Several other posters correctly (IMHO) mentioned lessons.  I once lived in Vail and took a day of Nordic lessons (1989 or 1990) taught by a PSIA demo team.  After lunch on the top of Beaver Creek, all the tourists bagged it so the 4 instructors tagged teamed me (I was soon wiped out) with great instruction.  I learned that there are a lot of "tricks" to poling. gliding, etc.  I also made my first telemark turns on the easy way down (with no edges).  Even today, when I skate  on alpine skis, I pole using my stomach muscles and use other techniques I learned that day.  A lesson or two is well worth it since it will help your Nordic and Alpine experience.

post #11 of 26
Quote:
Originally Posted by tylrwnzl View Post

Thanks for all the input so far. To answer the above question I am 18 years old, about 6 foot tall and a little over 200 lbs. Physically I would say I am in good shape, I'm not going to go out and run a marathon, but I can run a 5K in about 32 minutes and being young helps.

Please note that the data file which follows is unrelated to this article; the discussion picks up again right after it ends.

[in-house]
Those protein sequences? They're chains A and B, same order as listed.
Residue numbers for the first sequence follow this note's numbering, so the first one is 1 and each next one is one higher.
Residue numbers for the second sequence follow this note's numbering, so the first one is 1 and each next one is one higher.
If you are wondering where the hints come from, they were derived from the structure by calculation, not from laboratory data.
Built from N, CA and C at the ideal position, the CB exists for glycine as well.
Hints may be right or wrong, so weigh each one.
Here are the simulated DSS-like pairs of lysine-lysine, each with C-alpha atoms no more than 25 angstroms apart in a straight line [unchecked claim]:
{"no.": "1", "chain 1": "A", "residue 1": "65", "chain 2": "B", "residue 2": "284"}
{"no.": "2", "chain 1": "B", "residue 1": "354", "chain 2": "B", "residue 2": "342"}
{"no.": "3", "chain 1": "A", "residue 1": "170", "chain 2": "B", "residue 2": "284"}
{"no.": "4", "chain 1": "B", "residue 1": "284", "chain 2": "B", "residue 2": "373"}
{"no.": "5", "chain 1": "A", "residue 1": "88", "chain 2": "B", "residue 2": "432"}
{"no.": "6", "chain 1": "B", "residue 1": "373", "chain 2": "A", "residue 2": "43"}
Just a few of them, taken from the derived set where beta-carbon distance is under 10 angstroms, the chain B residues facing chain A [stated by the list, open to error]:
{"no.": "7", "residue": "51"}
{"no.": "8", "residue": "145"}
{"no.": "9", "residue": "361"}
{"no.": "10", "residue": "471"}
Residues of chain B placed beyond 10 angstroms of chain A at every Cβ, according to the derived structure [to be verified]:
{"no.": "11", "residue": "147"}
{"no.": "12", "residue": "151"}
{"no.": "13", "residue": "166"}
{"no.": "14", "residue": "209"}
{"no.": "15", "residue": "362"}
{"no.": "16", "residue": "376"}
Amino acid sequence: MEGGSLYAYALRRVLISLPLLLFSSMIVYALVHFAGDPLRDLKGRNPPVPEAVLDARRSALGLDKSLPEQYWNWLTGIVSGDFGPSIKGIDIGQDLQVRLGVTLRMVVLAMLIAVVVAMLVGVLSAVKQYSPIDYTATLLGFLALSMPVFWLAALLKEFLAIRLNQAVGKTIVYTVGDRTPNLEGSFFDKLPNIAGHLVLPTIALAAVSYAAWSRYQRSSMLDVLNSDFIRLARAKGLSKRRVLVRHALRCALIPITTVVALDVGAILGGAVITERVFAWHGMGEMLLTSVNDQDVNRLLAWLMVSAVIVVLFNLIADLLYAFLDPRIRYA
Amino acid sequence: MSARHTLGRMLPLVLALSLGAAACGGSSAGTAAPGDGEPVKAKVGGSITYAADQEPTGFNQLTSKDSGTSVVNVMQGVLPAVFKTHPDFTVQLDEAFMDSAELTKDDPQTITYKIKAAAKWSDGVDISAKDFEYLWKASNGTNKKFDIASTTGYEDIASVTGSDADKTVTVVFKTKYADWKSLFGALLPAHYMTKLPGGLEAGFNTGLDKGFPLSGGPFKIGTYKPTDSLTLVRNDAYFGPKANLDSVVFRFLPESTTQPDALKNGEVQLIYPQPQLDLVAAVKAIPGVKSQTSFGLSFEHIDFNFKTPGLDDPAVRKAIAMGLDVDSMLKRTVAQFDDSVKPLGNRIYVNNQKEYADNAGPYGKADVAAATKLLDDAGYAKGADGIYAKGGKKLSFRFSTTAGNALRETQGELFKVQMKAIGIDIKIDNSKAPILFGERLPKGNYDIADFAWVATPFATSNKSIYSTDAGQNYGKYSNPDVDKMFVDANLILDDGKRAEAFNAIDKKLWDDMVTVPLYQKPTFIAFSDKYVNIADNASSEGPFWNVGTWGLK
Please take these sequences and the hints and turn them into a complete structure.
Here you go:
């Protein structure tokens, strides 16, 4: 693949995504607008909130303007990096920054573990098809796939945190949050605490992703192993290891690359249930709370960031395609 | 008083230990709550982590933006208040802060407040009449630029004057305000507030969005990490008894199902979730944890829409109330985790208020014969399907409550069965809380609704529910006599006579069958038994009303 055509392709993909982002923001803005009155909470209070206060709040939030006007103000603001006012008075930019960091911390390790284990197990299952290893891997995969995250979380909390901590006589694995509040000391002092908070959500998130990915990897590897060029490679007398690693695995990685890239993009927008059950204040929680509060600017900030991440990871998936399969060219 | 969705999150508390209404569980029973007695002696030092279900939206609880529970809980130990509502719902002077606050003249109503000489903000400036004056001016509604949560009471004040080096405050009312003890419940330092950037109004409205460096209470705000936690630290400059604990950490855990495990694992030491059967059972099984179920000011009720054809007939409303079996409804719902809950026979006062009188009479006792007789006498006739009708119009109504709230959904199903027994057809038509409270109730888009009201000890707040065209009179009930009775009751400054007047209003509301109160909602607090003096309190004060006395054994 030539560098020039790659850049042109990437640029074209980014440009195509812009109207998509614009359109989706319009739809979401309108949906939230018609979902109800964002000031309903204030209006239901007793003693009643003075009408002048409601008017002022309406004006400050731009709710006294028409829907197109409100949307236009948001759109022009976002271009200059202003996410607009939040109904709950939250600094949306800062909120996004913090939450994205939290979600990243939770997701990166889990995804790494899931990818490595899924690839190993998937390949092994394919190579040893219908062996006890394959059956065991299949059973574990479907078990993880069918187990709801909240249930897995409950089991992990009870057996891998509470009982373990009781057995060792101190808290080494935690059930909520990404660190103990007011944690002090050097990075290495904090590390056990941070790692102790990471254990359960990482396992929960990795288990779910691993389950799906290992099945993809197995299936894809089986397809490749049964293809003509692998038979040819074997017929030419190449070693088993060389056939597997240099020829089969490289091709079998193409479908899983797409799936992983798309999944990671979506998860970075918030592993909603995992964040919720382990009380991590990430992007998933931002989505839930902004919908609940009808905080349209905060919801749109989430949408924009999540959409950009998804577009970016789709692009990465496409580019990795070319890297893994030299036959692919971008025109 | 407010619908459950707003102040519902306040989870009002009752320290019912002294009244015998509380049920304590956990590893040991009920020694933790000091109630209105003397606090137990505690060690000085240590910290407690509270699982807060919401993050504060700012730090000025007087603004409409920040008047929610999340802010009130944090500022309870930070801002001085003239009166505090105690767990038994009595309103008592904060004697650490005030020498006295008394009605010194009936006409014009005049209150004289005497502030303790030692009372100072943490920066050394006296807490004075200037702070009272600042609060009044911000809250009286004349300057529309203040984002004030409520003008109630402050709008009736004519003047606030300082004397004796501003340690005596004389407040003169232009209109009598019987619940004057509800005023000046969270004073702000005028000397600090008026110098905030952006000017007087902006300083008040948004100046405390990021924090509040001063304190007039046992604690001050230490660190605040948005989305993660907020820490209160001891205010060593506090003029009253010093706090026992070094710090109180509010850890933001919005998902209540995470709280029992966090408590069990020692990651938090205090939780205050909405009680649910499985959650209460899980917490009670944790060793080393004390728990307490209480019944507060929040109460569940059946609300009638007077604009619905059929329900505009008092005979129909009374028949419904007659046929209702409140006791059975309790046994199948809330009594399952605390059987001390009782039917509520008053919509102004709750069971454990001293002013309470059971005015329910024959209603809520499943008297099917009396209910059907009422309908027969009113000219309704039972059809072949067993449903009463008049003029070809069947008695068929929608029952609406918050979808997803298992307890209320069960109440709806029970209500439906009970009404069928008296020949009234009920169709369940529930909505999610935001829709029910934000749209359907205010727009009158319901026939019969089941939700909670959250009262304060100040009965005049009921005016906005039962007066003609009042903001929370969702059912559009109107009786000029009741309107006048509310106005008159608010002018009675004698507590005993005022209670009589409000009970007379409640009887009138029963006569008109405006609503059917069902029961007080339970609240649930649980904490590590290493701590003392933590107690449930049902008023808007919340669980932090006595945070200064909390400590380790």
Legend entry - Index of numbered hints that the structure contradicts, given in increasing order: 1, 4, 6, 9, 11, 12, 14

I seem to be conflicting opinions above though. Should I rent or buy initially? Also what price range would I be looking at with used equipment?


 

Running -definitely- helps with conditioning for XC skiing, so does cycling.    Beyond conditioning,  you just need a bit of  balance and body awareness, and the ability to not freak out on downhills because you (probably) have no edges.

 

 

There are very few places near you to rent.    There are very, very few places that are groomed for skating, so chances are your first experience will be just kick and glide (diagonal stride).

 

Get some boots, you can pick up skis and bindings later for cheap.

post #12 of 26
Thread Starter 
Quote:
Originally Posted by cantunamunch View Post




 

Running -definitely- helps with conditioning for XC skiing, so does cycling.    Beyond conditioning,  you just need a bit of  balance and body awareness, and the ability to not freak out on downhills because you (probably) have no edges.